Reprinted with permission of the Bartlesville Examiner-Enterprise
By Roseanne McKee
Oklahoma is inextricably linked to bison, or buffalo as they are often called. Bartlesville uses buffalo statuary as symbols throughout the city. With Oklahoma’s connection in mind, my husband and I recently visited the Buffalo Trace Distillery in Frankfort, Kentucky — the oldest continuously producing distillery in the United States — started in 1887.
First, a bit of history. According to an article “Castle & Key Distillery Rising fom Ruins after Old Taylor Distillery Narrowly Escaped Wrecking Ball,” dated July 27, 2016 on the Distillery Trail blog, Taylor started in the distillery business in 1869 with the purchase of the Old Fire Copper Distillery and the Carlisle Distillery.
The article said, “Taylor later ran into financial troubles and in 1878 was forced to sell the distillery to George T. Stagg. Stagg then turned around and hired Taylor to run the distillery. On a quick side note, in 1904 the O.F.C. was renamed the George T. Stagg Distillery and years later in 1992, that distillery was renamed again to what we now know as Buffalo Trace Distillery.”
On a tour of the Buffalo Trace Distillery recently, provided free of charge with about six liquor samples included, I learned that the land where Buffalo Trace is located was once on the path of migrating herds of buffalo who fertilized as they traveled, leaving the soil optimal for planting corn. Since corn it the starting ingredient in whiskey, it only made sense to open a distillery near the crop location.
That is exactly what Buffalo Trace did.
The land was originally a part of Virginia, which was then governed by Thomas Jefferson. He decided to define the area where Buffalo Trace is located as Bourbon County in honor of a French family that had helped the United States in the Revolutionary War. That is how the whiskey produced in the region came to be called bourbon whiskey. Later, the area became part of a new state — Kentucky in a new county — Franklin.
During Prohibition, many distilleries closed entirely, but not Buffalo Trace. Why? Because people could still get prescriptions for small quantities of whiskey for medicinal purposes. In this way, Buffalo Trace survived the Prohibition years.
The whiskey begins as corn, water and starch. There is an enzyme that converts the starch to sugar and produces a slurry called sweet mash.
“Our fermentation vats are 92,000 gallons and two stories tall,” the tour guide said. “They’re big enough that if you put them on their side, you could drive a semi truck through them.”
They add yeast to the sweet mash, which consumes the sugars, gives off carbon dioxide bubbles and alcohol. That makes distiller’s beer, the tour guide said. The fermentation vats give off the scent of bread — that hangs in the air of the distillery campus.
The beer moves to a still where, at some point, it reaches 173 degrees — the temperature at which ethanol evaporates.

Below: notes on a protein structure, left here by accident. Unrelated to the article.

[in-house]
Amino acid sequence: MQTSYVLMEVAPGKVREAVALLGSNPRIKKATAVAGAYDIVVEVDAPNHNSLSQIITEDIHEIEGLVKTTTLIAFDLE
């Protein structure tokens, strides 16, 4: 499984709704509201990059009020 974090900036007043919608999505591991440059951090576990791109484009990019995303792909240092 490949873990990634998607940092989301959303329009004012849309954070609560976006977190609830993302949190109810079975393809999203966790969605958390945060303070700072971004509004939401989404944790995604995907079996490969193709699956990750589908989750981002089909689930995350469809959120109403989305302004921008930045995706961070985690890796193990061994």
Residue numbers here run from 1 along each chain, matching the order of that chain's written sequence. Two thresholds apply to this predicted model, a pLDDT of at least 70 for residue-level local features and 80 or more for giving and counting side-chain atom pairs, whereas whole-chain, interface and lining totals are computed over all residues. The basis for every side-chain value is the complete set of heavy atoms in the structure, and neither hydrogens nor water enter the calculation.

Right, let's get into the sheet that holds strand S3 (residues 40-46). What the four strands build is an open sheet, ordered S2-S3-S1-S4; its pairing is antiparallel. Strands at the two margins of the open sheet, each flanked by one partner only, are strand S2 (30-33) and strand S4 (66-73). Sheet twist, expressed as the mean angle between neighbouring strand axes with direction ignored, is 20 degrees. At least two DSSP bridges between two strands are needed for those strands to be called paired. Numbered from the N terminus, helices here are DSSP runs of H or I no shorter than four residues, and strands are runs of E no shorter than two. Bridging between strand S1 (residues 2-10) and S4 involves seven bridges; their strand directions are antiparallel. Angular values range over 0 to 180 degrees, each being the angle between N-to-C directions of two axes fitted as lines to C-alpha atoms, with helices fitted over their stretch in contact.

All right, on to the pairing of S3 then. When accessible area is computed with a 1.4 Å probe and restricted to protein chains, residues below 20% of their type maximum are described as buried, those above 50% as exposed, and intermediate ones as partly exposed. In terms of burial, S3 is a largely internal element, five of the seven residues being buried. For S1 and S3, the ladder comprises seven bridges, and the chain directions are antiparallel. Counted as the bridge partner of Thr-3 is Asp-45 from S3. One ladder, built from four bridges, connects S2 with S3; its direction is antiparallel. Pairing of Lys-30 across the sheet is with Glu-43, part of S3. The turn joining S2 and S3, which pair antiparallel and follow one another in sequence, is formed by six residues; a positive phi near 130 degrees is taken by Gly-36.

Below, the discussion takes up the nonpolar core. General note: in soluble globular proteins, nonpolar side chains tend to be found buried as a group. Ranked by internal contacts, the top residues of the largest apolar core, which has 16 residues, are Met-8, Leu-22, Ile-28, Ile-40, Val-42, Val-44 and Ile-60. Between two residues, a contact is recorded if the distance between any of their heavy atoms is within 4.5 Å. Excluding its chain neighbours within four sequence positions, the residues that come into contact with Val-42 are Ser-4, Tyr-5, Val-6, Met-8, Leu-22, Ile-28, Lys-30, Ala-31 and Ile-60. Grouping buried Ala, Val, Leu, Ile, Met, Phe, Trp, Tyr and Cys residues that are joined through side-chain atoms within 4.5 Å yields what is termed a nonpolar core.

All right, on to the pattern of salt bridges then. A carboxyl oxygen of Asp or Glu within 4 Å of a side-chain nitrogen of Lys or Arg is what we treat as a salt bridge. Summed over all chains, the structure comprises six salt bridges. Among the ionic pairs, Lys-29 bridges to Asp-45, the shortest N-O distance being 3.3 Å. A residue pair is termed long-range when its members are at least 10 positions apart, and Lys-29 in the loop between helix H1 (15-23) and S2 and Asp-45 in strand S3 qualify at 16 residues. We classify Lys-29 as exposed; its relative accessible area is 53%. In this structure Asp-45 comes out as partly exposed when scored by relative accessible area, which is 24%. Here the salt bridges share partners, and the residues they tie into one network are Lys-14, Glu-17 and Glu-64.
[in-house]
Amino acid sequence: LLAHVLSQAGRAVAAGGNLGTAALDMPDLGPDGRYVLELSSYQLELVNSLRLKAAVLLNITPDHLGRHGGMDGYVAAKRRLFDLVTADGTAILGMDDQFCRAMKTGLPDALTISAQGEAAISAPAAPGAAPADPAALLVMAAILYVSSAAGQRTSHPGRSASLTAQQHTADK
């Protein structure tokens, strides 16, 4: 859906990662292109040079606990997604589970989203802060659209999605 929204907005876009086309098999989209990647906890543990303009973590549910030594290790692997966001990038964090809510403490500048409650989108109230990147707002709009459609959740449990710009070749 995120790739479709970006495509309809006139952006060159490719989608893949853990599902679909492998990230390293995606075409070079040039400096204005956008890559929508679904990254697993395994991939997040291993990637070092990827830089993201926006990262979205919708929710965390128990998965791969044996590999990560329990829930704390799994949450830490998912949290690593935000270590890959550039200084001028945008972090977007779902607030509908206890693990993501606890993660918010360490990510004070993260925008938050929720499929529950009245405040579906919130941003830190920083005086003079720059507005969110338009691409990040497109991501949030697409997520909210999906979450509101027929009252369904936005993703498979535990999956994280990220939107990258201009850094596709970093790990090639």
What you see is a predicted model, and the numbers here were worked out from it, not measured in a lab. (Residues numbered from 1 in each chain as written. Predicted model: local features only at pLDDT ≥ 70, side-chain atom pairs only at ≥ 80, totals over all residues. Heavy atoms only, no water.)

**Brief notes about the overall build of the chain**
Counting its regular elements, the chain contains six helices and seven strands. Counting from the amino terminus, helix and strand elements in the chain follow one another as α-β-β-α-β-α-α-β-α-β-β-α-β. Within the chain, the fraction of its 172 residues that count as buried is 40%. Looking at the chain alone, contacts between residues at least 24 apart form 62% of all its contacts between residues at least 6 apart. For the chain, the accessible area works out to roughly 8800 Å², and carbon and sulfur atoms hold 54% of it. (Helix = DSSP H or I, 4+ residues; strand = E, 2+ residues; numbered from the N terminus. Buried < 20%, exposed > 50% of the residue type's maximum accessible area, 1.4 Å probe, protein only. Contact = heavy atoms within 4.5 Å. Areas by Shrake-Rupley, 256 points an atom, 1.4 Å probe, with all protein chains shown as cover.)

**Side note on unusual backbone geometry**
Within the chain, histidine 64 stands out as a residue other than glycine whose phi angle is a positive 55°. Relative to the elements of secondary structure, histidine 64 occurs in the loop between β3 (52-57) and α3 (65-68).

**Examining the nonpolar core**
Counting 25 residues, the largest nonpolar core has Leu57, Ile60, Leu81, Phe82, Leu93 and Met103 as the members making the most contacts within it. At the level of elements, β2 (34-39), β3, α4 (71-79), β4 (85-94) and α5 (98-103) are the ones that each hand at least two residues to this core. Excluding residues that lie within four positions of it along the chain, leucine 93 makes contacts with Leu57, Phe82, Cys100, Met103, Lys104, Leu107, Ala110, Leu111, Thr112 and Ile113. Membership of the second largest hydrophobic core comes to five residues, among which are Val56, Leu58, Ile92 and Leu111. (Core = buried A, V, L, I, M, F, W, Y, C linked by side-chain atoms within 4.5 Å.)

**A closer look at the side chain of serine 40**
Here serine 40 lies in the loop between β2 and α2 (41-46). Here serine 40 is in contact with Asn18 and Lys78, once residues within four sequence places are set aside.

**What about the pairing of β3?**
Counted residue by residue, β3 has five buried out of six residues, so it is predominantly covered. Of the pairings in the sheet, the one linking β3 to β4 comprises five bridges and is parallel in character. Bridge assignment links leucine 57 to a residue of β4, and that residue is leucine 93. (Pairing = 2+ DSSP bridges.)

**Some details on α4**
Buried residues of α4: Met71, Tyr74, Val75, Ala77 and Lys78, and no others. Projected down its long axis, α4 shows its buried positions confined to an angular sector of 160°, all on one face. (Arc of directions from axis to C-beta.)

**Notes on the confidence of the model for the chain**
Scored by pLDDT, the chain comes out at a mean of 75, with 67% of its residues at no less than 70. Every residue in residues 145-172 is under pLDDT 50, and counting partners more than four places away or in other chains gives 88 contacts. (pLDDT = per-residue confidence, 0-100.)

“Then it goes into a vapor. We let that vapor condense by cooling it and we’ll have 110 proof clear alcohol. We need higher proof than that, so we put it in a still called a doubler. The temperature goes to 140-150 degrees, add some water to it, and take it to 125 proof and put it into a barrel. That process take about a week to a week and a half,” he said.
There is an interesting story about how whiskey came into existence. It was really by accident, he said. Distilleries in Bourbon County had a market for their clear alcohol in Louisiana and so they hauled it there in oak barrels. When the alcohol arrived, it had an amber hue and had taken on the flavors of the oak barrels. That is how bourbon whiskey was born, the tour guide said.
A byproduct of the distillation process are corn solids, which are extracted, dried and sold as [livestock] feed, he said.
In a video about Buffalo Trace, the narrator said Bourbon whiskey is a distinctive product of the United States that has won recognition and acceptance around the world.
“Here, and here alone, is a place where it has been crafted without interruption for more than 200 years,” the narrator said. Historically, the distillery has operated under several different names, including the George T. Stagg Distillery and the Old Fire Copper (O.F.C.) Distillery. Today Buffalo Trace is owned by the Sazerac Company.
“It takes its name from the buffalo traces that frontiersmen followed in the years before the Revolutionary War. Near where the buffalo had long crossed the Kentucky River, distillers found rich soil, perfect for growing corn and the naturally filtered limestone water was ideal for distilling that native grain into whiskey,” the video narrator said.
In the late 1700, the Old Taylor House was built on the distillery property. It is not only the oldest structure at the distillery, but the oldest residential building in Franklin County, Ky. Soon others built homes in the region and began distilleries, and the legend of Kentucky bourbon began.
According to a Buffalo Trace Distillery press release, the one-story house was originally built for Commodore Richard Taylor who served as superintendent of navigation on the Kentucky River and who was great-grandfather to Colonel Edmund Haynes. Taylor, Jr., a grand nephew of U.S. President Zachary Taylor.